Quick throwback to those grade school workshops and quizzes where you found out if you were an auditory, visual, or kinesthetic learner. Don’t worry – that’s not what this article is about because I’m still not sure what any of that even means. However, if you have figured out how to study the law “kinesthetically,” please share.
Whether you are a 1L, 2L, or 3L, you would like to think that you have figured out this law school thing to some extent, but have you really figured out the studying bit? Unashamedly, I haven’t. If you haven’t figured it out either, then this article is probably worth reading.
Here are some study tips from yours truly:
1. Create a Conducive Study Environment: This is not a Brandy Melville one-size-fits-all situation. For some people, this is pretty simple and the carrels in the library provide a safe-haven. Other people cannot stand spending time in the library – and I don’t blame them. I like to spend as little time as possible on campus and the library is my personal Alcatraz. However, unlike some, I am incapable of studying in a public space like the park, a café, or a restaurant; I just need to sit at my desk, hunker down, and do work.
Having a workspace at home is important and you should make your workspace functional, but also comfortable. Function and comfort are a balance; a lap desk and your bed or the couch are not the best ideas when it comes to satisfying function and comfort because you are not habituated to working in those areas, but rather you are habituated to sleeping or relaxing in them. Find a place for a desk (preferably outside of your bedroom) and make it a place that you don’t mind being at. Keep some candles at your desk that you can light when you’re studying or get a room diffuser instead. Splurge on a nice desk chair, or try and find a nice one second-hand. Make sure your workspace has adequate lighting – you want it bright so your eyes don’t strain.
2. Don’t Study in Bed: I just touched on this, but I am going to talk about it more because it is really, really important that you don’t get your body accustomed to doing work in bed. As someone who loves their bed, I know how tempting it is to get into bed and do your reading, but it is terrible for you and your sleep patterns. Your bed is a place for rest and sleep – don’t confuse your body by making it a place for work as well.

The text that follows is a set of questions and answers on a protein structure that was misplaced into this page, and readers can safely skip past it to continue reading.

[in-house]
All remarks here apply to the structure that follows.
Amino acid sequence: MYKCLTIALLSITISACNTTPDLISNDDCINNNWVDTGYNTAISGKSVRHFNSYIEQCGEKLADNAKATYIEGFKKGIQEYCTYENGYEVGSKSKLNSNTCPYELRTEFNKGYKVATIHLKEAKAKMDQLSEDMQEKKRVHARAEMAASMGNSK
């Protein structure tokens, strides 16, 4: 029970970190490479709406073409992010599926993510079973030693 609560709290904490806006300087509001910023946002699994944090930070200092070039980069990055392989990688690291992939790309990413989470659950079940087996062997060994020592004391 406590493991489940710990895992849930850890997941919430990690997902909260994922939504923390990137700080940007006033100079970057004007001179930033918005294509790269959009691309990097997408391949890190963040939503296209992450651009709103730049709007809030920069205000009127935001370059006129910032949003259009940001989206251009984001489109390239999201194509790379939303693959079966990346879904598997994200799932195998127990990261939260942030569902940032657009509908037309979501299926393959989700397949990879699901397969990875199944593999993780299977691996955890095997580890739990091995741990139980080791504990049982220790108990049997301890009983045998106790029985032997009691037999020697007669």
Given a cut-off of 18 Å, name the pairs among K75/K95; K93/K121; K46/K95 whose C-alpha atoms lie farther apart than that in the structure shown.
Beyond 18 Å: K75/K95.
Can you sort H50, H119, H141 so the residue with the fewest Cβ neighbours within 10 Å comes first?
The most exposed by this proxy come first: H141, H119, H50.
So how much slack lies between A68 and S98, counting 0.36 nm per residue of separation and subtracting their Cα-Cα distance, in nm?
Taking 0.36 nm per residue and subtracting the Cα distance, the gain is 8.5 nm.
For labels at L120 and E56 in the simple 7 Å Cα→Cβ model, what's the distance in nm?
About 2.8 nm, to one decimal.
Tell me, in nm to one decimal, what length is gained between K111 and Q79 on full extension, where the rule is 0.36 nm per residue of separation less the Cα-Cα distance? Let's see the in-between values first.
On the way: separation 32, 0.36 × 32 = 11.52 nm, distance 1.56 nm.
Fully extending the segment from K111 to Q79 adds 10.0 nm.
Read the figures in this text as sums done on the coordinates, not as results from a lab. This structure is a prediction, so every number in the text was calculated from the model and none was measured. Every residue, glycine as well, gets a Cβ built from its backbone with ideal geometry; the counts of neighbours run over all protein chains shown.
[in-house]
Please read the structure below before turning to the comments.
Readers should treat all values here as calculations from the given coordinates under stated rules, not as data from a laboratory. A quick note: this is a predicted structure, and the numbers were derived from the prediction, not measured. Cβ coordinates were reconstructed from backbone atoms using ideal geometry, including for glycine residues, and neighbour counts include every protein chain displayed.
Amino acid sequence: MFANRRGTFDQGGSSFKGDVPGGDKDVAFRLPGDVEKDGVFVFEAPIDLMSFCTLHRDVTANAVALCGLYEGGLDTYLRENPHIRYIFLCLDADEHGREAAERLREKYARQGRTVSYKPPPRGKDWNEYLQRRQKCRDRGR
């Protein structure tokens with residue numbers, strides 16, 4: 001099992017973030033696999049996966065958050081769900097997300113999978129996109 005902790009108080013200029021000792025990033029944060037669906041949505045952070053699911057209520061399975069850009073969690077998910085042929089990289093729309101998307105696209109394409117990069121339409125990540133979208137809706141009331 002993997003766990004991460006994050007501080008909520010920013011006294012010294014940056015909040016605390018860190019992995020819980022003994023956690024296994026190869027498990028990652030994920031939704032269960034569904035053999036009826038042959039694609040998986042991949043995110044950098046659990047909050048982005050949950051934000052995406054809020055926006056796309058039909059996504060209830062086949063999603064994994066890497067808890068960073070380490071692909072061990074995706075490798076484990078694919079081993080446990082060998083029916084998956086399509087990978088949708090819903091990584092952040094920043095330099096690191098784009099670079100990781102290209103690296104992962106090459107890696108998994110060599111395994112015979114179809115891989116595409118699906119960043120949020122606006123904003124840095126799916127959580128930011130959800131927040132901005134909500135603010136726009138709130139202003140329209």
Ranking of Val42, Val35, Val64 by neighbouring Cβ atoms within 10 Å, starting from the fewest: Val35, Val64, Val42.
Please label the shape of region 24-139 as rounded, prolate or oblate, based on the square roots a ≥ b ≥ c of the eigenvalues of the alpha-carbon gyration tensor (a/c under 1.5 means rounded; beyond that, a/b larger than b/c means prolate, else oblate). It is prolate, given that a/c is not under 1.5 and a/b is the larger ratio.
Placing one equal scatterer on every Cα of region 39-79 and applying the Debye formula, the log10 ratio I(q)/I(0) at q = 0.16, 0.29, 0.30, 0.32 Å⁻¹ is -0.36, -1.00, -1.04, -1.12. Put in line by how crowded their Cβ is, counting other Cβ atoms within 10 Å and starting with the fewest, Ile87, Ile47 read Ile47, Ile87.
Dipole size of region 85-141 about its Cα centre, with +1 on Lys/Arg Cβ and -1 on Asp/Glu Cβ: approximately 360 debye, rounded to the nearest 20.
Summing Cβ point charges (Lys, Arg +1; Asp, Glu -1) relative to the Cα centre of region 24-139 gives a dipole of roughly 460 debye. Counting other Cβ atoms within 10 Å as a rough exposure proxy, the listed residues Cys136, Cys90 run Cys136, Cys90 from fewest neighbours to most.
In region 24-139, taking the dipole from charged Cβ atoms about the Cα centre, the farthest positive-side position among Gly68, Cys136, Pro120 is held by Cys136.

3. Set Goals or Have a Plan: Syllabi – we have so many of them. Set aside some time every Sunday evening, look at all of your syllabi, and create a master list of what you need to get done for the week. Personally, I like the “Stickies” app on my Macbook. I keep a “sticky” for every course, my journal, etc. and update them weekly. Previously, I kept them by day of the week, but I found it was not the best for keeping track of long-term deadlines, and that system can get frustrating when professors inevitably fall behind. You can even try bullet journaling or just keep a notepad handy where you can write down what you need to get done and cross items off as you go. Am I the only person who finds it oddly satisfying to cross items off of a to do list?
4. Minimize Distractions: That means putting your phone in your bedroom and turning off any notifications or messenger applications on your computer. It seems terribly difficult, but I promise you that it will pay off in the end. Stopping periodically and taking a minute to respond to your BFF Jill’s texts adds up. If you just waited to respond to her until you take an actual break (we’ll get to those in a second) or until after you finish your work, you could actually have an uninterrupted textversation. It’s really going to be okay if you have to wait a little to get that juicy tea or don’t see your new Bumble match right away.
5. Take A Break: Yes, I’m telling you to actually take breaks. I know – that seems anathema. It’s law school, aren’t we supposed to grind until we can’t grind no more? Everyone would like you to believe that’s true, but they are actually doing you a disservice by perpetuating that misinformation. According to science, which I would hope you believe in, your concentration actually becomes impaired after 45-50 minutes. Furthermore, your brain actually finds it really difficult to retain new information after 90 minutes of studying. That probably explains why we have all hit that point in the night where we have reread the same paragraph five times because we just can’t seem to get it to stick. Set an alarm for 45 to 60 minutes when you sit down to do some work and take a 15 to 30-minute break once that alarm goes off. If you’re at the library, pop outside and take a quick walk, call your grandma, etc. If you’re home, these short breaks are a great way to keep on top of housekeeping (I’m pretty sure these breaks are the only reason why my dishes ever get done).
Figure out what works best for you. I know you are probably thinking you need to be working harder, but try working smarter first.
Categories: The Briefcase Diaries